“The Psychology of Fraud” by Kristine Blenkhorn Rodriguez, posted on the Illinois CPA Society’s website, profiles the typical fraudster. It is reported that white-collar crimes, such as fraud, are most likely to be committed by men between the ages of 31 and 45. These fraudsters typically have over five years of experience at the company. In fact, the article states that “36 percent of frauds are committed by a member of management and 16 percent by an owner/executive.”
Agents from the FBI’s Behavioral Analysis Unit (BAU) began profiling fraudsters in 2009. Although their analyses have been useful, there are still some pitfalls to profiling these criminals. The article cites Frank S. Perri, who has over 20 years of experience as a criminal trial attorney. He explains that many of the defining traits of a fraud offender are the same traits that organizations want to see in their employees, such as self-confidence and determination. He also discusses how projection bias interferes with understanding the profile of a fraud offender. This idea is summed up by him stating, “‘If someone doesn’t have the conventional look of a street-level criminal, then one is not a criminal. Social psychological research has shown that people attribute qualities of integrity to those that display similar traits to their own, such as their level of education and their religious affiliation.’” In other words, people do not expect those who are like them to engage in criminal activity.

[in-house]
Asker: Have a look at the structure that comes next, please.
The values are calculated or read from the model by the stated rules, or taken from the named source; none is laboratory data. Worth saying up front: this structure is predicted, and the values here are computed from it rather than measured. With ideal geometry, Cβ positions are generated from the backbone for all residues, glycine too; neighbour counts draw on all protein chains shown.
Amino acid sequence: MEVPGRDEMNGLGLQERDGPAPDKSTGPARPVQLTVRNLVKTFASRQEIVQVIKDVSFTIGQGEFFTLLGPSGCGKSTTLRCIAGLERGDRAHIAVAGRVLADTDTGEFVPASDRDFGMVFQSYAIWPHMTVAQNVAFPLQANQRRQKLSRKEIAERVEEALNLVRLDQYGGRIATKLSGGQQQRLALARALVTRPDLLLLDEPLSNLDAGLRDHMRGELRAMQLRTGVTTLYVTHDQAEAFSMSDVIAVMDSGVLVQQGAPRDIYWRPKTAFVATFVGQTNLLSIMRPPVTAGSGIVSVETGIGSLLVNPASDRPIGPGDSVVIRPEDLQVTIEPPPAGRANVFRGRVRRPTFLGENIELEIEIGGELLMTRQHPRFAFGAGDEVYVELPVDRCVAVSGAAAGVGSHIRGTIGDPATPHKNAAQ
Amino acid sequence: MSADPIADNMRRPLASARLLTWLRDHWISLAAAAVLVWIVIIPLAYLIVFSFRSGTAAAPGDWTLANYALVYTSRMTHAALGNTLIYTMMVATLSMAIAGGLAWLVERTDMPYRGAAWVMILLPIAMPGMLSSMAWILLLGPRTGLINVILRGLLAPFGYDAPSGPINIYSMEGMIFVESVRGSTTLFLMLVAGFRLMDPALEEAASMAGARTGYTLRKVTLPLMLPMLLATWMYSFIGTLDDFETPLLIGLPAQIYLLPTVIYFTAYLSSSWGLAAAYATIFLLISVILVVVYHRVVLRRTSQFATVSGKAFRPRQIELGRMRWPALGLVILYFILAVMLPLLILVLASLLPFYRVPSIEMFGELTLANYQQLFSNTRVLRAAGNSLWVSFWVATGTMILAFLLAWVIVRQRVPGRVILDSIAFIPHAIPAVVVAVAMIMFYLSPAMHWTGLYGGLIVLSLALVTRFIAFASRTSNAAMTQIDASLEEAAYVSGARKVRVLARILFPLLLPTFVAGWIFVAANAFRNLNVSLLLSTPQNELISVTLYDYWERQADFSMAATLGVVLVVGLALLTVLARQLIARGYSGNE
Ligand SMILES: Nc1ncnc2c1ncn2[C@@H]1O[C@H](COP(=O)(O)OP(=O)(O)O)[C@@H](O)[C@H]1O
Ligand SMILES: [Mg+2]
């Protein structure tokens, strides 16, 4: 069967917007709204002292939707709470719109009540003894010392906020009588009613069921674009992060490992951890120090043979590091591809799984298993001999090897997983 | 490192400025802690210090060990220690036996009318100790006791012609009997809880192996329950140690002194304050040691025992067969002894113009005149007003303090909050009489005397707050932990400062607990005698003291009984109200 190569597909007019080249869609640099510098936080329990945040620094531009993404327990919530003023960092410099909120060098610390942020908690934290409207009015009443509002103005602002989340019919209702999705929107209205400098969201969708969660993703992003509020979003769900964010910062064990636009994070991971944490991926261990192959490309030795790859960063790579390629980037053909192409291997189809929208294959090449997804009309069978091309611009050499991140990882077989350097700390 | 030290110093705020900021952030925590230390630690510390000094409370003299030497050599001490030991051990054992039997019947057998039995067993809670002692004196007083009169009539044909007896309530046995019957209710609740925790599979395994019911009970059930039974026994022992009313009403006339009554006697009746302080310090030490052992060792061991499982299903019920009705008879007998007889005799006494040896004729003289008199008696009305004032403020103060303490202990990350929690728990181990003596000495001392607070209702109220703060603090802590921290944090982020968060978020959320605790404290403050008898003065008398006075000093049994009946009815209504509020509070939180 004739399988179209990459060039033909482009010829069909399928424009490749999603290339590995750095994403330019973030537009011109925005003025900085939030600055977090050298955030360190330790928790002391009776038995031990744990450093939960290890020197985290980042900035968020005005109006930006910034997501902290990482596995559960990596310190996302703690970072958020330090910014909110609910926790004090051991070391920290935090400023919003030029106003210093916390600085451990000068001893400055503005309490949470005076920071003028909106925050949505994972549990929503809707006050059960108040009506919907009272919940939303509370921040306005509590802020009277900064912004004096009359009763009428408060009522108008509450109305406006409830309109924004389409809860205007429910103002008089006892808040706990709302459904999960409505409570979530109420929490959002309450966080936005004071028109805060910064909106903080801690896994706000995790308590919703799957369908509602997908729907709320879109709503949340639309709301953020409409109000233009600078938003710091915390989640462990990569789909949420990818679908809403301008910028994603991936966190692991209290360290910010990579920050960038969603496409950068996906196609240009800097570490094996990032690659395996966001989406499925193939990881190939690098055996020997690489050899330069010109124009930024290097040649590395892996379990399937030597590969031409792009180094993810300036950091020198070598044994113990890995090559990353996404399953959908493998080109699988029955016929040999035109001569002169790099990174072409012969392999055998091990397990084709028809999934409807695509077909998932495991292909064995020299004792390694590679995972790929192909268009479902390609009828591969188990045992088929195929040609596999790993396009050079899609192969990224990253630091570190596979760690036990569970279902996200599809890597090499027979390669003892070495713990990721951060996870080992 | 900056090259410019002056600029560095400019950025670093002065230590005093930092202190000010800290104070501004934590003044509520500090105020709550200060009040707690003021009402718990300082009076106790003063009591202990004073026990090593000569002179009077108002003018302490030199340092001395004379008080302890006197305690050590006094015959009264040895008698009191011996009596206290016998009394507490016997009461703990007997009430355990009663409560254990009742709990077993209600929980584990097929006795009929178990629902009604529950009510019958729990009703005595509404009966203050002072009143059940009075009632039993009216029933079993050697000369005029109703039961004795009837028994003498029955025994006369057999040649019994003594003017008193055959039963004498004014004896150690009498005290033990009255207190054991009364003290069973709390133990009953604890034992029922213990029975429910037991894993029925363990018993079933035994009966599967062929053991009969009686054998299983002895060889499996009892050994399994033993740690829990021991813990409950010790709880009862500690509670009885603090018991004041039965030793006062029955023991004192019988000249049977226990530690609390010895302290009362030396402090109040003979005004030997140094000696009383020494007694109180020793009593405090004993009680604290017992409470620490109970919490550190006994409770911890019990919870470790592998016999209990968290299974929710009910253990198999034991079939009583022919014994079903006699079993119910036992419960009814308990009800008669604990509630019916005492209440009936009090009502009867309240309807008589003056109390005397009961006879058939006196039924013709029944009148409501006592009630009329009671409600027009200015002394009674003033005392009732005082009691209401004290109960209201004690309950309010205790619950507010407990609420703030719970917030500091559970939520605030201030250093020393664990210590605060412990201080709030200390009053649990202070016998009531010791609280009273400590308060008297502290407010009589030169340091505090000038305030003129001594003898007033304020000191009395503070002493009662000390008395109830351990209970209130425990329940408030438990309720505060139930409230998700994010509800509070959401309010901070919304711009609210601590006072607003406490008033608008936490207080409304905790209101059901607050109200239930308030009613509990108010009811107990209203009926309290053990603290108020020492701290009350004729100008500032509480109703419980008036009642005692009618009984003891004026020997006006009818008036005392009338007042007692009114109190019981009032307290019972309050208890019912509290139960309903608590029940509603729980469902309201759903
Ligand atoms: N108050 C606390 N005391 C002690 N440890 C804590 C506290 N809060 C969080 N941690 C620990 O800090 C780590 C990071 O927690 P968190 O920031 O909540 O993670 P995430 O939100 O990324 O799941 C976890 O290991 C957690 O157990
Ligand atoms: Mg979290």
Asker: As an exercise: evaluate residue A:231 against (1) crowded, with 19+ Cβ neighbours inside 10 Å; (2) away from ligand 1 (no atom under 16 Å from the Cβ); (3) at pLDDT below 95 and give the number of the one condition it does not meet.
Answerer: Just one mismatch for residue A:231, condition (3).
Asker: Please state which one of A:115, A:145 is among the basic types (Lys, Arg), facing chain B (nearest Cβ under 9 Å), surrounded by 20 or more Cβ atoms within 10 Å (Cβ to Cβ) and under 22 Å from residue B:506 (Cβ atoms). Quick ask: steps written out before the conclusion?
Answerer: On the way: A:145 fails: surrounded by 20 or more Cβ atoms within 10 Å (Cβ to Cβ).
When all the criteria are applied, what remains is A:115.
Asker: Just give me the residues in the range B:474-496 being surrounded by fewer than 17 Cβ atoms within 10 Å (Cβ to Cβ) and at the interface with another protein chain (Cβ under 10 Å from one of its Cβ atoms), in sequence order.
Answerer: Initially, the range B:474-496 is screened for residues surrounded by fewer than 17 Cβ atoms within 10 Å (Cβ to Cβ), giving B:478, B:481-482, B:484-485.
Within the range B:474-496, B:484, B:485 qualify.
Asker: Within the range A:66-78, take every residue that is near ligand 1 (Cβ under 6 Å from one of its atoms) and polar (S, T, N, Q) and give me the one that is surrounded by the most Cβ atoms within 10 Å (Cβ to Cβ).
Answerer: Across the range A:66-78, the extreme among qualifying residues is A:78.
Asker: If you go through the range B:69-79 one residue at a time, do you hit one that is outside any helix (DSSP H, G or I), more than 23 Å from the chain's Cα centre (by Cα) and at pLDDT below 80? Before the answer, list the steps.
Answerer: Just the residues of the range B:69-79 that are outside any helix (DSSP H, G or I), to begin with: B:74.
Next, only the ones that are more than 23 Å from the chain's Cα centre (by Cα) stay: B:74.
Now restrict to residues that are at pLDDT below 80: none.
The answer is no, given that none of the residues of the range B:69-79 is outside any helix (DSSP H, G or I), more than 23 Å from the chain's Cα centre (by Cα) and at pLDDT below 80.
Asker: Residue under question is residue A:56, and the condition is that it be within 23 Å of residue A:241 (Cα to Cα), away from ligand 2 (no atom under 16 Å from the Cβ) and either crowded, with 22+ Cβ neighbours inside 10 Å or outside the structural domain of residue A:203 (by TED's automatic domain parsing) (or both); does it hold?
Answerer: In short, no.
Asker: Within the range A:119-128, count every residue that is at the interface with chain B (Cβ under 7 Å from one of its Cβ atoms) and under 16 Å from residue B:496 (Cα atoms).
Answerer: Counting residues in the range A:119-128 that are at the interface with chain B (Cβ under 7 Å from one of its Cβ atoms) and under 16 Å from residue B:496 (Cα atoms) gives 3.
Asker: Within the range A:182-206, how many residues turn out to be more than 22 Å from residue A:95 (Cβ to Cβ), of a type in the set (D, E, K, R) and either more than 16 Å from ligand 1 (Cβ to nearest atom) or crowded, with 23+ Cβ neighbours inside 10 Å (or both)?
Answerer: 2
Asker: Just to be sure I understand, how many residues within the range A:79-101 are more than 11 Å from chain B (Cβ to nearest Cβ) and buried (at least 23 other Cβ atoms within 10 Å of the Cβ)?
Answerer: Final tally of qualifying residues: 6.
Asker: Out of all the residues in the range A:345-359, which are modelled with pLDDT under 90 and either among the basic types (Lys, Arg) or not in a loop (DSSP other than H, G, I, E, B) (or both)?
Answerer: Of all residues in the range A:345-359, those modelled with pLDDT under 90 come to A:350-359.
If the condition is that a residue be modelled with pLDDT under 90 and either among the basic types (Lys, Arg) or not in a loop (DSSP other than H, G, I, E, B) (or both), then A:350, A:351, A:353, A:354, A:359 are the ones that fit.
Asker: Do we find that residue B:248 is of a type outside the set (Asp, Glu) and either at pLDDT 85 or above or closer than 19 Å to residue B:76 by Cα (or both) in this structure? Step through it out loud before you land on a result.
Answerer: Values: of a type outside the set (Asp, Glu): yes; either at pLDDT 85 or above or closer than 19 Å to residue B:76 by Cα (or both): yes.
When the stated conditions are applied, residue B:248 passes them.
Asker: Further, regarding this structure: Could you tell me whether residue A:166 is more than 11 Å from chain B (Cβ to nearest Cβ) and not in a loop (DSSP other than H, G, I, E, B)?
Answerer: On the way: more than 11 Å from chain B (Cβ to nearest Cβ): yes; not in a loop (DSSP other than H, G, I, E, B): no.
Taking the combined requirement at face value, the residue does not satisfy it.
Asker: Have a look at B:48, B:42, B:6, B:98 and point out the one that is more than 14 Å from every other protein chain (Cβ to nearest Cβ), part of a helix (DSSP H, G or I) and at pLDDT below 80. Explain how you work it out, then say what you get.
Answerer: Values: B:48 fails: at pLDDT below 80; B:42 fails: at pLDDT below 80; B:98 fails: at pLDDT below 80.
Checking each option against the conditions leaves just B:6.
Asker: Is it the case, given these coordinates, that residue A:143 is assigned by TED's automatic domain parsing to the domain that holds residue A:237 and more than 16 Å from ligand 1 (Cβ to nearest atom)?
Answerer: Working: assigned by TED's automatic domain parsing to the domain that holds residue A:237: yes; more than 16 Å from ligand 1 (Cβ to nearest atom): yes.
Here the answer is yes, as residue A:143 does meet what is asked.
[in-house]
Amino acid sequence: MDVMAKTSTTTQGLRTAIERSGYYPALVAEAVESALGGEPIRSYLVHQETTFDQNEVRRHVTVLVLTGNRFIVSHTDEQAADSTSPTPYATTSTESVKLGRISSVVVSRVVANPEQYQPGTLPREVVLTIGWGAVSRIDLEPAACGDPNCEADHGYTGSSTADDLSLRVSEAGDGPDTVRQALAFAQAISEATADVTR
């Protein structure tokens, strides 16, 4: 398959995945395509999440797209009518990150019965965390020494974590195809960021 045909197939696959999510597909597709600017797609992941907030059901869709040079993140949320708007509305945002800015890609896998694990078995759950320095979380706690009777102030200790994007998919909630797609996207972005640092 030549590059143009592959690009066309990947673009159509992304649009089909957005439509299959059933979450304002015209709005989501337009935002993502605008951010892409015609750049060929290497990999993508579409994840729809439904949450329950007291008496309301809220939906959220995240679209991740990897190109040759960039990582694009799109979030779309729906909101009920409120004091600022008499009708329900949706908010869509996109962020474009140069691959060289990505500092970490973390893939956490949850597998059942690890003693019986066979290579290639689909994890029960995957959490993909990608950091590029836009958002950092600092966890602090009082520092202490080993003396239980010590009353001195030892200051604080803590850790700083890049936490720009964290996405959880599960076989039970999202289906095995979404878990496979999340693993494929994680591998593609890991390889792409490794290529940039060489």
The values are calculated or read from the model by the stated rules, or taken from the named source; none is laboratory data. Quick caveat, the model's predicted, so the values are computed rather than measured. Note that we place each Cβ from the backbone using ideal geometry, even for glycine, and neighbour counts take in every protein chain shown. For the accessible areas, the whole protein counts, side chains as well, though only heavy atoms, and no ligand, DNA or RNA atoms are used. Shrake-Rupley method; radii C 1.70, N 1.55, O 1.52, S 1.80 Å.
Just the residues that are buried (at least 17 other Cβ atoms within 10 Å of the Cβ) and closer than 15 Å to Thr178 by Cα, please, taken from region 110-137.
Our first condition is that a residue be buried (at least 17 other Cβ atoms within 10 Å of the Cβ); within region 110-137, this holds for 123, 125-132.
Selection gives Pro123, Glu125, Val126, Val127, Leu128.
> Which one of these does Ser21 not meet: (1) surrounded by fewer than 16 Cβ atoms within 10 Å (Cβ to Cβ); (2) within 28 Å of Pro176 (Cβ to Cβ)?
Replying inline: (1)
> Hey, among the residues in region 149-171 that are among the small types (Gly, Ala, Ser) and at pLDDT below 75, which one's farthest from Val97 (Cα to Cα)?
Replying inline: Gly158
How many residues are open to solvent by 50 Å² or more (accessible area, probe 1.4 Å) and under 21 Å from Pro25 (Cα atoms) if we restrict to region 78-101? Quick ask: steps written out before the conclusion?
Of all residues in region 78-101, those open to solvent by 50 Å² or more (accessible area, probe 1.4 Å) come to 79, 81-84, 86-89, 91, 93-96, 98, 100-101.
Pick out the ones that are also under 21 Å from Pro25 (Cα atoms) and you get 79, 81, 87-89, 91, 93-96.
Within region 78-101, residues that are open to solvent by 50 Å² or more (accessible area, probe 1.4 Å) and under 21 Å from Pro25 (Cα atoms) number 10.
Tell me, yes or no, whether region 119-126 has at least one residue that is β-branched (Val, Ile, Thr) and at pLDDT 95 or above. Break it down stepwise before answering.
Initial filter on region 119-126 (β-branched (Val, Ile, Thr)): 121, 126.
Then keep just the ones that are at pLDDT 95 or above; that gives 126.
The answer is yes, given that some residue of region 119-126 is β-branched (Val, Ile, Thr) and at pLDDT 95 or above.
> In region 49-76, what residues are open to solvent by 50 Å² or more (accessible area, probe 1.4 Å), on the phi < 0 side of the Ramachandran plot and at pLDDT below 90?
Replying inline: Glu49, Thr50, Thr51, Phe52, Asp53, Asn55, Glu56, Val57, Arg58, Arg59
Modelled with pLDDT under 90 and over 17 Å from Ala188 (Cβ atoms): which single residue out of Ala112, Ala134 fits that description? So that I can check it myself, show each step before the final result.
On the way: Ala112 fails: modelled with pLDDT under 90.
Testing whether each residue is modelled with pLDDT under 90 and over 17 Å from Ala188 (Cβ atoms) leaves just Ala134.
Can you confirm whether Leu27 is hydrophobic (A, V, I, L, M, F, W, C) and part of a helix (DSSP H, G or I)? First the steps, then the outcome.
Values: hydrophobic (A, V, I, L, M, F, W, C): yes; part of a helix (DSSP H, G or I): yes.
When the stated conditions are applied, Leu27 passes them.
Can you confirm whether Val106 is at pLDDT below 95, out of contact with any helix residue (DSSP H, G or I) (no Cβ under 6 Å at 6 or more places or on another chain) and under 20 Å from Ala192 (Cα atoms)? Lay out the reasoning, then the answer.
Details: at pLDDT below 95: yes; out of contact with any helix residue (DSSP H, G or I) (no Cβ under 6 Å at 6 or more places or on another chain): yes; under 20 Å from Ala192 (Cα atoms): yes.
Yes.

With the above explained, Perri identifies key characteristics that are prevalent among fraud offenders. Many fraudsters believe that they are entitled to what they want, even if it has a poor impact on others. They are also often manipulative and believe that the ends justify the means. Fraudsters often are power hungry and have high self-confidence, but they lack empathy and often do not listen to others. To close, Perri states that “‘These fraudsters may have illusions of infallibility, of not getting caught—which is exactly why they usually are caught.’”